We know more about Polycarp than most second-generation Church Fathers. “Irenaeus tells us that the youthful Polycarp had been ‘instructed by the Apostles, and many of his acquaintances had seen Christ.’” Polycarp’s name could be translated as very fruitful, in his Epistle to Polycarp St Ignatius said his beliefs were ‘anchored to an unshakable rock.’ Irenaeus also tells us that Polycarp had many fond memories of his years of his years as disciple to St John the Apostle.
St Polycarp was bishop Smyrna, which claimed to be the birthplace of Homer, and was the recipient of one of the church letters in the Book of Revelations. With a rich pagan tradition, Smyrna was also a center of the cult of emperor worship. The authorities complied with Rome’s request for unrepentant Christians to sacrifice in the arena, recorded in the work Martyrdom of Polycarp.
EPISTLE OF POLYCARP TO THE PHILIPPIANS
St Paul in First Corinthians tells us that “faith, hope, and love abide, these three; and the greatest of these is love.” Faith, hope and love are the core of the Christian message, Polycarp tells us that “Faith is the mother of us all, with Hope following in her train, and Love of God and Christ and our neighbor leading the way. Let a man’s mind be wholly bent on these, and he has fulfilled all the demands of holiness; for to possess Love is to be beyond the reach of sin.”
This reminds us of St Augustine’s admonition that if we truly Love God and love our neighbor we can do as we will.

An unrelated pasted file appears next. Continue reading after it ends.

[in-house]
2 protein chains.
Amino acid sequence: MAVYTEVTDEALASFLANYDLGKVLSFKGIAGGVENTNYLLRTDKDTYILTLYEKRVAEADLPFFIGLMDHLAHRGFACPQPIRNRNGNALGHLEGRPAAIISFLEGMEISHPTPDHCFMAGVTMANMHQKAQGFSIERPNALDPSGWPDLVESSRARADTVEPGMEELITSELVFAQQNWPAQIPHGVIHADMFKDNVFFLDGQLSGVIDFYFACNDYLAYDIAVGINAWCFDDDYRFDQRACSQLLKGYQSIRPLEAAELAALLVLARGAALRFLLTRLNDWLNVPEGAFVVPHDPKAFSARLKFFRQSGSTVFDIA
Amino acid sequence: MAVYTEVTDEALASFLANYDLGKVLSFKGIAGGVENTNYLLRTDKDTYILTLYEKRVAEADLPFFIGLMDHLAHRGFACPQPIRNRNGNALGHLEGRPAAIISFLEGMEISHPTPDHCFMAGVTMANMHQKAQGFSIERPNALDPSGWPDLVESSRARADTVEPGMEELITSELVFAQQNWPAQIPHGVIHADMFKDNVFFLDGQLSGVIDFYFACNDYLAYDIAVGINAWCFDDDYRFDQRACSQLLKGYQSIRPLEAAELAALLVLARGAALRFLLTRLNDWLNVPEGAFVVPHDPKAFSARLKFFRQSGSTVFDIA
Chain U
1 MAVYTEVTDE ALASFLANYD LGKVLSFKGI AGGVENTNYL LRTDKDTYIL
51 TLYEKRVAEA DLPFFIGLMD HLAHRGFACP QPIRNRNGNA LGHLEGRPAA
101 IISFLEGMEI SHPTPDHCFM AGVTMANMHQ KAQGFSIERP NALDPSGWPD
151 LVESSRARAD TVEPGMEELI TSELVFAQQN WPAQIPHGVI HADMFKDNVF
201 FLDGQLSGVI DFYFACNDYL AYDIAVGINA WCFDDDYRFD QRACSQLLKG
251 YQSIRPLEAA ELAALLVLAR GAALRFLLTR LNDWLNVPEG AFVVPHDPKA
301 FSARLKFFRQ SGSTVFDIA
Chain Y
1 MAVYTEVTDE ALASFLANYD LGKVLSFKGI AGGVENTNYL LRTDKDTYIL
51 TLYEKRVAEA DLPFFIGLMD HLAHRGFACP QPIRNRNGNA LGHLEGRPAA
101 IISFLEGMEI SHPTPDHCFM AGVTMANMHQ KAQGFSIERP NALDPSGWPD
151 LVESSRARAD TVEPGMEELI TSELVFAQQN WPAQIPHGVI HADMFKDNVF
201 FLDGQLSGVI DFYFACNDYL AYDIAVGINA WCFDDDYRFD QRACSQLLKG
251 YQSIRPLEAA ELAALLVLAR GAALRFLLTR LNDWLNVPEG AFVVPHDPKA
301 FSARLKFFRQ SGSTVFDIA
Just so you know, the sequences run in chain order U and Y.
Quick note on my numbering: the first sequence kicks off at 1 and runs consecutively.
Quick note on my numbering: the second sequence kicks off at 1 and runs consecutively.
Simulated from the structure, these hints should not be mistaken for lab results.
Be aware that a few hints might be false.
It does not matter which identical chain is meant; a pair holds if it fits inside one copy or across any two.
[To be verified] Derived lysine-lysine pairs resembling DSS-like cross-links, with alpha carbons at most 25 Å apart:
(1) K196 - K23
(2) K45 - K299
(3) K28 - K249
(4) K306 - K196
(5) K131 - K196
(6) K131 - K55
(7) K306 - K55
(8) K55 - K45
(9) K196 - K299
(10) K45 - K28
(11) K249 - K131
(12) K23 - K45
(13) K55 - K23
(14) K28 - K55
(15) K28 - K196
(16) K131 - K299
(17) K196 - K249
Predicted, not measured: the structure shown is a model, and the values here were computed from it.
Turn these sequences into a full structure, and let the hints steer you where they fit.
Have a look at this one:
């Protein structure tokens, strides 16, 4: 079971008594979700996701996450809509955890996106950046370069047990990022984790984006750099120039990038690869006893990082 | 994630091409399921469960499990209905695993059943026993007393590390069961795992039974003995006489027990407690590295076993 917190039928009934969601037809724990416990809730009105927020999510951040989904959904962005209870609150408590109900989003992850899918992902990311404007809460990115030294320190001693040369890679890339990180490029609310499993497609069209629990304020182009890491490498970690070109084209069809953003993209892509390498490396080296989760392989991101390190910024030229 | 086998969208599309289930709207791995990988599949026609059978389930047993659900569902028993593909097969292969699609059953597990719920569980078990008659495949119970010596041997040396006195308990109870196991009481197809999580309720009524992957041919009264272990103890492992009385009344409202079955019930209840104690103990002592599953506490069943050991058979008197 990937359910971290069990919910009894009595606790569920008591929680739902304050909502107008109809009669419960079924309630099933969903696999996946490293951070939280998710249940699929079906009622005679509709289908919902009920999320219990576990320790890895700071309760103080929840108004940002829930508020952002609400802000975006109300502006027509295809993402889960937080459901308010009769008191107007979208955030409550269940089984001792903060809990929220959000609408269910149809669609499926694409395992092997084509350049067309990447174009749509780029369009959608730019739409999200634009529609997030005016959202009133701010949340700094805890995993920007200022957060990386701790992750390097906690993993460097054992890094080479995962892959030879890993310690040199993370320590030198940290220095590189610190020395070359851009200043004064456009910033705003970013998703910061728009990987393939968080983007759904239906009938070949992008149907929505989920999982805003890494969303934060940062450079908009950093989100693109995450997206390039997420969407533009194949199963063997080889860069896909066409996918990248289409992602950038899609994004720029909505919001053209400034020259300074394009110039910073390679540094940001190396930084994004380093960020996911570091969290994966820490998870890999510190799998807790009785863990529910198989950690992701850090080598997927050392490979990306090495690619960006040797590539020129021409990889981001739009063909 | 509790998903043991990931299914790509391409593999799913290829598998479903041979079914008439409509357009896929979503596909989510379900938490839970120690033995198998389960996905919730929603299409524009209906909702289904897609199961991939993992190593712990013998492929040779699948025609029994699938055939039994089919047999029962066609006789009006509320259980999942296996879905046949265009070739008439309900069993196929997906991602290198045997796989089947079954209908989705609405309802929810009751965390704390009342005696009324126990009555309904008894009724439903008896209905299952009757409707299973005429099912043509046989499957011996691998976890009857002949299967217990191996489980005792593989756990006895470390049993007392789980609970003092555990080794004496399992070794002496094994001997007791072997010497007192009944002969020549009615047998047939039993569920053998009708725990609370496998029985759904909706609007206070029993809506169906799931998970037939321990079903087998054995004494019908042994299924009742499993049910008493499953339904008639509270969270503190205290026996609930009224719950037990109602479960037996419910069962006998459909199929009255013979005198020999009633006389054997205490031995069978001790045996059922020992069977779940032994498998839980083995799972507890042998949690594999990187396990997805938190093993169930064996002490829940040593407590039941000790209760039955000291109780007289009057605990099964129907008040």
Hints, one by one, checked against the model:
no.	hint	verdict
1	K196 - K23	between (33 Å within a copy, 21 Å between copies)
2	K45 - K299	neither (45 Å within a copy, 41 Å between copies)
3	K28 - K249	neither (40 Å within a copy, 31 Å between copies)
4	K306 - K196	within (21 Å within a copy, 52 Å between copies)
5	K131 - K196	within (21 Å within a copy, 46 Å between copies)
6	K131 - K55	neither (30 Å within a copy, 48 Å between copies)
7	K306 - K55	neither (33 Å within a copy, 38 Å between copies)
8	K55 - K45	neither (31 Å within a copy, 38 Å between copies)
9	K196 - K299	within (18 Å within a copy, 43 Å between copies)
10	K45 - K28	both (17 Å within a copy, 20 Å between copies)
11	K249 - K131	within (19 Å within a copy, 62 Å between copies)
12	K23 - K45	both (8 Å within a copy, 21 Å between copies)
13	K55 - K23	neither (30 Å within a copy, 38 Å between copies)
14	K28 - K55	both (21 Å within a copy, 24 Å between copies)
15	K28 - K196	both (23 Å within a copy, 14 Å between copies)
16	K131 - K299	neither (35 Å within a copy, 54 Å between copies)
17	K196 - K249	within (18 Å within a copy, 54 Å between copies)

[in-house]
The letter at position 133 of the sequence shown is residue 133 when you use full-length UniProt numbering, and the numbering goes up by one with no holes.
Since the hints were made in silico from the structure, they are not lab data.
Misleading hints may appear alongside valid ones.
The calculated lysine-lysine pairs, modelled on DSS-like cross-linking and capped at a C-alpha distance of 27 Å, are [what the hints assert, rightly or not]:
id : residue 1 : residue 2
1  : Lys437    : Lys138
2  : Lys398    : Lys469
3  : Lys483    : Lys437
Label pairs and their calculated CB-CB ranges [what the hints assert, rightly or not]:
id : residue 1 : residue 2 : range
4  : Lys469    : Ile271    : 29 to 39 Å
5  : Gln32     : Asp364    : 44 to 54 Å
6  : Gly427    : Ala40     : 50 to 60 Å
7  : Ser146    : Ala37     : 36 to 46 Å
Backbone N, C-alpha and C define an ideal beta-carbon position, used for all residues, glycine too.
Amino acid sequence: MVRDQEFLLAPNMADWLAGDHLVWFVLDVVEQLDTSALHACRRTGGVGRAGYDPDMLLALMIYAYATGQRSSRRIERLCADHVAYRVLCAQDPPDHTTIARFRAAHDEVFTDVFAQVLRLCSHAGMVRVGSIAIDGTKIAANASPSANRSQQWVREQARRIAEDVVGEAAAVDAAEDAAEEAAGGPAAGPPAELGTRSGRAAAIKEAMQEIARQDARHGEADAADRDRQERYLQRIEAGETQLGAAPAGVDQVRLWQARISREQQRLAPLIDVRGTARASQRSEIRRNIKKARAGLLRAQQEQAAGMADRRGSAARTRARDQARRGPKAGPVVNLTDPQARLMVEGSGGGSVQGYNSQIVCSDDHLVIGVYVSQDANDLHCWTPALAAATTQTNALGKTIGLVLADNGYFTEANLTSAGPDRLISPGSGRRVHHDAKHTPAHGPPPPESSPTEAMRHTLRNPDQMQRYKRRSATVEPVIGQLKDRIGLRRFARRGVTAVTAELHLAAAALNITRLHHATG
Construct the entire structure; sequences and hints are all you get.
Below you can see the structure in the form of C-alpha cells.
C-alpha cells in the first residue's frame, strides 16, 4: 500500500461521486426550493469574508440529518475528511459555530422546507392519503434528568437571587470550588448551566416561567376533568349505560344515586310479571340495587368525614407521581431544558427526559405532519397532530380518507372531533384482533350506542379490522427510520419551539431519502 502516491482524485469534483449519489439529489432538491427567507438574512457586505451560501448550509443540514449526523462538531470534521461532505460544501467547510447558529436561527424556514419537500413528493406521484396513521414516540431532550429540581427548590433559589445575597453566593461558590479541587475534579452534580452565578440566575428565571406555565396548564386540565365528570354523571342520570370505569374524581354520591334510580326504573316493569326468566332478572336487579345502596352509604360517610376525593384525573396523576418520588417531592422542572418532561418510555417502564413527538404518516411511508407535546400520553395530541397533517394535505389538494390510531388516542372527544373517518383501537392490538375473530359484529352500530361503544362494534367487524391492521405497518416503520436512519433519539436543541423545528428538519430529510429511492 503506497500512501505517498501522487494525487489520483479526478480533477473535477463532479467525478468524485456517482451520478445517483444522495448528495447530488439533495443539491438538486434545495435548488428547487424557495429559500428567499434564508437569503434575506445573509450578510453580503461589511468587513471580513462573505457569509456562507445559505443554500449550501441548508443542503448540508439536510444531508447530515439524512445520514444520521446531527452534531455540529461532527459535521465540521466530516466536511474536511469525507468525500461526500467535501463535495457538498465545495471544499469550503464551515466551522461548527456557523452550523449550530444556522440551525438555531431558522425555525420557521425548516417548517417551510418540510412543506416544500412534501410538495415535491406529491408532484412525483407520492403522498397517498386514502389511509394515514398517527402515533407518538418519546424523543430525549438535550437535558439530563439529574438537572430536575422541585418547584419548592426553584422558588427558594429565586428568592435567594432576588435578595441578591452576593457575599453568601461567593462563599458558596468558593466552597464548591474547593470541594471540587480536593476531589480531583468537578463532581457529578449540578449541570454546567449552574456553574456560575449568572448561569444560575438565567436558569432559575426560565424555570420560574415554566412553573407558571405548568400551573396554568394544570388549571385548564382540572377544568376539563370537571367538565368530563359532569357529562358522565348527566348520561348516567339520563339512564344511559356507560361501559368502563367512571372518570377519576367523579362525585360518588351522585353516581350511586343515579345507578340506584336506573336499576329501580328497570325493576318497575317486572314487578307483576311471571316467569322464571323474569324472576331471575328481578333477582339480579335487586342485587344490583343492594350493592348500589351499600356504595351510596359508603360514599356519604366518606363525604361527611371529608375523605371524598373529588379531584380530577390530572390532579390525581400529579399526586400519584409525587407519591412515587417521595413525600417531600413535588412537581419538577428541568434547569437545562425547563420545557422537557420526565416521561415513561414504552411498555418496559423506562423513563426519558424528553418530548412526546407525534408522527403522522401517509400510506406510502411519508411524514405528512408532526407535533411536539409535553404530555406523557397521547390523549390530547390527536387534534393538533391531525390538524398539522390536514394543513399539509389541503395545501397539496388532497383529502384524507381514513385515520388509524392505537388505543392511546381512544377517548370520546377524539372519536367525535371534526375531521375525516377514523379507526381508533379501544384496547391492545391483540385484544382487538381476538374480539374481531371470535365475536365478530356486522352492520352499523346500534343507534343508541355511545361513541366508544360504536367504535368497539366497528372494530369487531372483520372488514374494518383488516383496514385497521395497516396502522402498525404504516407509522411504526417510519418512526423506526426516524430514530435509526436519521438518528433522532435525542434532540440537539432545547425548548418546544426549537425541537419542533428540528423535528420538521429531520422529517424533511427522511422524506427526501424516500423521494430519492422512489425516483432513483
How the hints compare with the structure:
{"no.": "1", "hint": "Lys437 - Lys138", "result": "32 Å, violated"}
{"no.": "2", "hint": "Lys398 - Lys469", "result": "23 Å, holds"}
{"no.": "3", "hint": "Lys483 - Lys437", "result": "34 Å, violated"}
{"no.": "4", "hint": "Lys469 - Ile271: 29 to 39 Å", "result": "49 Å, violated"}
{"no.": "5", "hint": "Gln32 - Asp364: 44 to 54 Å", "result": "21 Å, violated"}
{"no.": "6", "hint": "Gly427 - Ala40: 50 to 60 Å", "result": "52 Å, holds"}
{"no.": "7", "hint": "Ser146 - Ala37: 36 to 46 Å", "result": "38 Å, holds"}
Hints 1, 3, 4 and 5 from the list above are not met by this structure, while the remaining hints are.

St Polycarp advises us, “when it is in your power to perform an act of kindness, never put it off to another time, for ‘charity is death’s reprieve.’”
This verse is quoted from Tobit, which is unfamiliar to many Christians, so we will quote this section, which is an exhortation from the Angel Raphael to the God-fearing newlyweds Tobias and Sarah, “Do good and evil will not overtake you. Prayer with fasting is good, but better than both is almsgiving with righteousness. A little with righteousness is better than wealth with wrongdoing. It is better to give alms than to lay up gold. For almsgiving saves from death and purges away every sin. Those who give alms will enjoy a full life, but those who commit sin and do wrong are their own worst enemies.”
Endurance in the faith is a theme for Polycarp. Polycarp teaches us, “Jesus Christ steadfastly endured all things for our sakes, that we might have life in Him. Let us imitate that patient endurance of His; and if we do have to suffer for His Name’s sake, let us give glory to Him.” We often prefer to pray for relief from our suffering, and become angry at God when suffering comes our way, when life is not fair, when we should rather pray for endurance so we can not only endure our suffering, but through our suffering give glory to God!
St Polycarp’s advice to widows shows a deep understanding of the commandment, Do not bear false witness, from which is also derived the commandments, Do not gossip, Do not damage your neighbor’s reputation, Do not be eager to retell prattle that might be true when it harms your neighbor. St Polycarp teaches us, “widows should be discreet in practicing our Lord’s faith; they should constantly intercede for everyone, and be careful to avoid any tale-bearing, spiteful tittle-tattle, false allegations, over-eagerness for money, or misconduct of any description.”
Gossip damages your reputation, when you talk about others not in the room, when does this talk cross over to gossip? Those who live godly lives praise their neighbor, it is always good to build up your neighbor’s reputation. But when news about your neighbor is not so good, what do you do? It is best when you don’t have anything good to say about someone to not say anything at all. Sometimes you are justified in frank talk when you are a manager talking about an employee, or you are parents talking about their children, or teachers talking about their students.